Walt Disney eventually accepted the fact that none of his Hollywood friends really believed in his project. Bob Hope would famously joke about how he missed out by not investing in the area around DISNEYLAND. While it is easy to judge his famous friends, it isn’t hard to see why they- and the Major Hotel chains- weren’t willing to invest in Anaheim. At the time, Anaheim was just a sleepy farm town that people passed through to get to other, more interesting places. Most tourists visiting Southern California stayed in hotels clustered around downtown, Hollywood or the beaches. Sure, DISNEYLAND would eventually change this, but hardly anyone outside of Mr. Disney was certain of the park’s success. If DISNEYLAND shut down, it would also take down any hotels that sprang up around it.

Walt Disney and Anaheim’s last hope for an orderly world outside of the Magic Kingdom laid in the hands of Anaheim’s city government. They would be responsible for ensuring that real world Anaheim was as beautiful and high quality as the world inside DISNEYLAND. Sadly, they would fail miserably. Incompatible housing was zoned mere blocks away from DISNEYLAND. It seemed like as long as the proposed structure didn’t fall down, it was approved. Plus, since most of the entrepreneurs who swooped in to build around the park were relatively cash poor, they often carved out oddly shaped parcels of land that were only suitable to host whatever was being built on them and not much else. Anaheim had majorly dropped the ball and it was this “third rate Las Vegas” environment that encouraged Mr. Disney to look east- to EPCOT.

Thursday, May 21, 2020

Walt Disney World: Origins PART ONE

When Walt Disney opened DISNEYLAND, it was like nothing else in the world. Dignitaries from around the United States and the world flocked to Anaheim to not just enjoy DISNEYLAND as guests, but to also try to convince Walt Disney to build another DISNEYLAND in their hometowns. The idea of building another DISNEYLAND didn’t appeal to Walt Disney and he rejected every offer of duplicating his Magic Kingdom anywhere else. So why did Walt Disney eventually change his mind? It turns out, he never really did, regardless of what the Disney PR machine eventually claimed. So why does Walt Disney World exist? The origin of Walt Disney World can be traced back to 1952- before construction had even begun on DISNEYLAND.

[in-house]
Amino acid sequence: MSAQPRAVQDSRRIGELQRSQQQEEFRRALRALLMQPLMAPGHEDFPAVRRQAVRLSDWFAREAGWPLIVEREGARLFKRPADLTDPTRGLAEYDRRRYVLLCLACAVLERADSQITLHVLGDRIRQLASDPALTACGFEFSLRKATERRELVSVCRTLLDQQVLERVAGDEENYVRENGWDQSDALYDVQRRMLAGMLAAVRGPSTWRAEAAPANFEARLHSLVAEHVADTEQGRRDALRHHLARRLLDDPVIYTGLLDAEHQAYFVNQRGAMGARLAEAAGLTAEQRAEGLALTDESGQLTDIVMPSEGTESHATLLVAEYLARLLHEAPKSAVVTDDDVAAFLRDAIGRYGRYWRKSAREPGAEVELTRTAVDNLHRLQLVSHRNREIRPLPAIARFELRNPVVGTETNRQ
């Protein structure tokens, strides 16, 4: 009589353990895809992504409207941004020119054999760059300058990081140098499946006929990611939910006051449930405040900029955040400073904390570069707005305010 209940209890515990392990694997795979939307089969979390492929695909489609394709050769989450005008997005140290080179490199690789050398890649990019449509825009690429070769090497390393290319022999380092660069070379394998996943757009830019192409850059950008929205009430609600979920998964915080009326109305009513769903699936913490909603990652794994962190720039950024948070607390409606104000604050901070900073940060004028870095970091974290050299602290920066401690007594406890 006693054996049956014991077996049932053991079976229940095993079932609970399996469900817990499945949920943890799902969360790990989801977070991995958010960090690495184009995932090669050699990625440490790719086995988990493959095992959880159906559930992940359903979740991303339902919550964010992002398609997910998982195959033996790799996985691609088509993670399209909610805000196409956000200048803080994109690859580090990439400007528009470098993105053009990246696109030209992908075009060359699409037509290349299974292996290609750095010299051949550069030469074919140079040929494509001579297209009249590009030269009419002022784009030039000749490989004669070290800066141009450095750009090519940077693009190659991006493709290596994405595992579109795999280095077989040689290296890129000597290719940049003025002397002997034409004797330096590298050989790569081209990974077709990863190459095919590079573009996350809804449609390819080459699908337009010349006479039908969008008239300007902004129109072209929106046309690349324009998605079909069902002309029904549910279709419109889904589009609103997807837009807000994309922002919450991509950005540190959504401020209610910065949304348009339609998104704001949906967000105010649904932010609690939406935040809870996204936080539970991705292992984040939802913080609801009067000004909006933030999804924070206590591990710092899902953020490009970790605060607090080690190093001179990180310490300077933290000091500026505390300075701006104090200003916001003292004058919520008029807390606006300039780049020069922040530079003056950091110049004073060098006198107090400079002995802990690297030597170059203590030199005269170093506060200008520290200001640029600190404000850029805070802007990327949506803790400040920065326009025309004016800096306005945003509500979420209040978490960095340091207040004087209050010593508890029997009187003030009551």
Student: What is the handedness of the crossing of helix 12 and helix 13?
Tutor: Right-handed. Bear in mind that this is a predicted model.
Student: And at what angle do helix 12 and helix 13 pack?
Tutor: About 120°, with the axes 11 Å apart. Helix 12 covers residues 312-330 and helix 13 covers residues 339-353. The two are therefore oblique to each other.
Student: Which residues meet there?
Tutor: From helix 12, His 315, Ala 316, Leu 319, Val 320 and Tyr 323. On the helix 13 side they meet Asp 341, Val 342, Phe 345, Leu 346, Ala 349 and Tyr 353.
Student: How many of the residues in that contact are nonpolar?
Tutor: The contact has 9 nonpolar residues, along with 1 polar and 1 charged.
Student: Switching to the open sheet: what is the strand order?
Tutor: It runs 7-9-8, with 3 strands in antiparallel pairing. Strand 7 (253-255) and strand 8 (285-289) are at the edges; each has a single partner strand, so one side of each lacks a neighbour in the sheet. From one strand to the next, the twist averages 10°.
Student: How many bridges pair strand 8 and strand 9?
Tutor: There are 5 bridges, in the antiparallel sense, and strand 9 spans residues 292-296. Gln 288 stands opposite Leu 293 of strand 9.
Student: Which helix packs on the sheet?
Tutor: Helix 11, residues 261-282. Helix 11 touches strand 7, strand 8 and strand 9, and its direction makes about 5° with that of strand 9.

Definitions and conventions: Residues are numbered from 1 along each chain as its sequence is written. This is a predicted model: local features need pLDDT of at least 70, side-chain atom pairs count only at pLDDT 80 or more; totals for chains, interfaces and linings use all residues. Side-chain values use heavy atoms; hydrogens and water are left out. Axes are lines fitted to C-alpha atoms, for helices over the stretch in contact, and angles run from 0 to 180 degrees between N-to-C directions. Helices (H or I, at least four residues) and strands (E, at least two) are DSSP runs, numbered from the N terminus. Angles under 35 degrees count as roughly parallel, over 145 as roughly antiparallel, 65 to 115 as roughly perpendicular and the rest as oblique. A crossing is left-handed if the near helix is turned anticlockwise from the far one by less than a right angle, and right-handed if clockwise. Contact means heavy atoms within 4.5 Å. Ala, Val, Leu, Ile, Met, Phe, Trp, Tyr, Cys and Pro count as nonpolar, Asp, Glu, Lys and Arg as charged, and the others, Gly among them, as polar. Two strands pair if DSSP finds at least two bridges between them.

As the twentieth century entered its midway point, the United States began an unprecedented era of economic expansion. As the only major country whose infrastructure had not been destroyed by World War II, the United States was able to take advantage of its newfound power to enter a golden age of consumerism. Southern California, in particular, was becoming a world power in its own right. The Cold War was beginning and the epicenter of the military industrial complex was springing up in Los Angeles and its surrounding areas. Anaheim, then a sleepy town of 2,000 people primarily engaged in citrus farming, wanted to get in on the action and began rezoning vast tracts of land for housing subdivisions and aeronautic factories. Anaheim’s city fathers had decided that the town should become an inexpensive bedroom community for Los Angeles and possibly an aeronautic powerhouse. Walt Disney, however, would change those plans.

When the news first came out that Walt Disney had purchased hundreds of acres of land in Anaheim, many people thought that he planned to move his studio. When he officially announced that he would be building a theme park, Anaheim was further confused. Would this be a tawdry carnival or circus? When Mr. Disney assured them that it wouldn’t be, the land that had previously been planned to host subdivisions was re-zoned for commercial use.

DISNEYLAND had few boosters at the time and financing was hard to come by. Walt Disney had purchased as much land as he could afford at the time and tried to convince his wealthy Hollywood friends to buy some of the property surrounding his future Magic Kingdom. While he was able to get Jack Wrather to finance The DISNEYLAND Hotel, he was unsuccessful at convincing others to buy land, even when he promised to buy it back later. Mr. Disney pushed forward, however, finishing his Magic Kingdom and begging the City of Anaheim to carefully zone and plan the world outside his park. The city’s actions would later plant the seeds of EPCOT in Walt Disney’s mind.